NEW YORK - The stock market finished mostly lower Thursday as investors assessed the latest batch of corporate earnings, and sold utility and energy stocks.
The Dow Jones industrial average edged up 32.43 points, or 0.2 percent, to close at 16,550.97. The Standard & Poor's 500 index fell 2.58 points, or 0.14 percent, to 1,875.63. The Nasdaq composite lost 16.18 points, or 0.4 percent, to close at 4,051.50.
Companies that pay steady dividends and have a long record of profitability, such as utilities, have surged this year, benefiting from a shift in sentiment as investors sold previously high-flying Internet and small-company stocks. A sell-off in those stocks could be a troubling sign for the overall market.
"The market is still pretty sloppy," said Quincy Krosby, a market strategist at Prudential Financial. "The fear in the market is that the selling spreads to the defensive stocks, the safe havens, and that could bring down the whole market."
Utility companies in the S&P 500 fell 1.2 percent, paring their gains this year to 12.5 percent. Energy stocks dropped 1.3 percent.
Stocks started the day higher as investors looked over earnings reports and some encouraging news on hiring. The U.S. government reported that the number of Americans seeking unemployment benefits fell 26,000 last week to 319,000, the latest sign that the job market is slowly improving. The drop follows two weeks of increases that reflected mostly temporary layoffs around the Easter holiday.
Shares of electric-car maker Tesla fell after the company reported a $49.8 million first-quarter loss late Wednesday and said it would need to invest more in its business. Tesla now sells only one car, the Model S, which starts at $70,000, but is working on two other vehicles, an electric crossover SUV called the Model X and a lower-cost model. The stock fell $22.76, or 11.3 percent, to $178.59.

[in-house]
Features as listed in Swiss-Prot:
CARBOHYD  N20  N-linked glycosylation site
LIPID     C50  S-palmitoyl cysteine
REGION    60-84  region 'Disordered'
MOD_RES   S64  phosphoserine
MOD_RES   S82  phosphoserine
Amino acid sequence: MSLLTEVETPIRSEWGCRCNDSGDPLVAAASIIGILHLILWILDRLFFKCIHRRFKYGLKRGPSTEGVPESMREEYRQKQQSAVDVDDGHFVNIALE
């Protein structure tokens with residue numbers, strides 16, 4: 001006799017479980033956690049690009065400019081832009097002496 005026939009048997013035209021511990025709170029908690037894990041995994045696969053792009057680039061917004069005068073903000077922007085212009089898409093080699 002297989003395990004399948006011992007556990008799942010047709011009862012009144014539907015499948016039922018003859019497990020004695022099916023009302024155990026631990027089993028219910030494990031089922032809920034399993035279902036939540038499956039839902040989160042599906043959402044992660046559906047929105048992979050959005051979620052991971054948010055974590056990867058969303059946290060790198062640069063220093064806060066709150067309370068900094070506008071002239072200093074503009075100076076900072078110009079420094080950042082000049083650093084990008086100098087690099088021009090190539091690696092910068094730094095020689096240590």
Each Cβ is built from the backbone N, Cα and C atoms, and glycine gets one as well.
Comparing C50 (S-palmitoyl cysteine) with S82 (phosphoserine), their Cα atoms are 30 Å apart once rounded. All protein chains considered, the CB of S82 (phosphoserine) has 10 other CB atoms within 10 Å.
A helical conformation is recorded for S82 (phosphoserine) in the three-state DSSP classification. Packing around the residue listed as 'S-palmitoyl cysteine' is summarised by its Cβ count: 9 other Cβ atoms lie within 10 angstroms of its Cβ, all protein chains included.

Keurig Green Mountain, known for its single-serve coffee system, was among big gainers Thursday, climbing $11.98, or 13 percent, to $104.19. Wednesday, the company reported its net income climbed 22 percent in its fiscal second quarter.
Twenty-First Century Fox's stock rose $2.10, or 6.5 percent, to $34.22, after it reported earnings that surpassed analysts' expectations. Fox's TV unit got a boost from higher advertising revenue during the NFL playoffs and the Super Bowl.
Almost 90 percent of companies in the S&P 500 have reported first-quarter earnings. Overall, earnings are expected to grow by 3.3 percent, according to data from S&P Capital IQ, compared with growth of almost 8 percent in the fourth quarter 2013 and 5.2 percent in the same period a year ago.
Revenue also grew in the first quarter, rising 3.3 percent vs. 1.6 percent growth in the fourth quarter of 2013, a sign companies are experiencing stronger demand. But some investors believe companies still rely too much on cost-cutting.
"Those kind of cost-reduction strategies only go so far before you do need to have more top-line growth, and it remains to be seen whether companies can continue to grow in what remains, by many measure, a slow-growing economy," said Tom Karsten, chief investment officer at Karsten Advisors.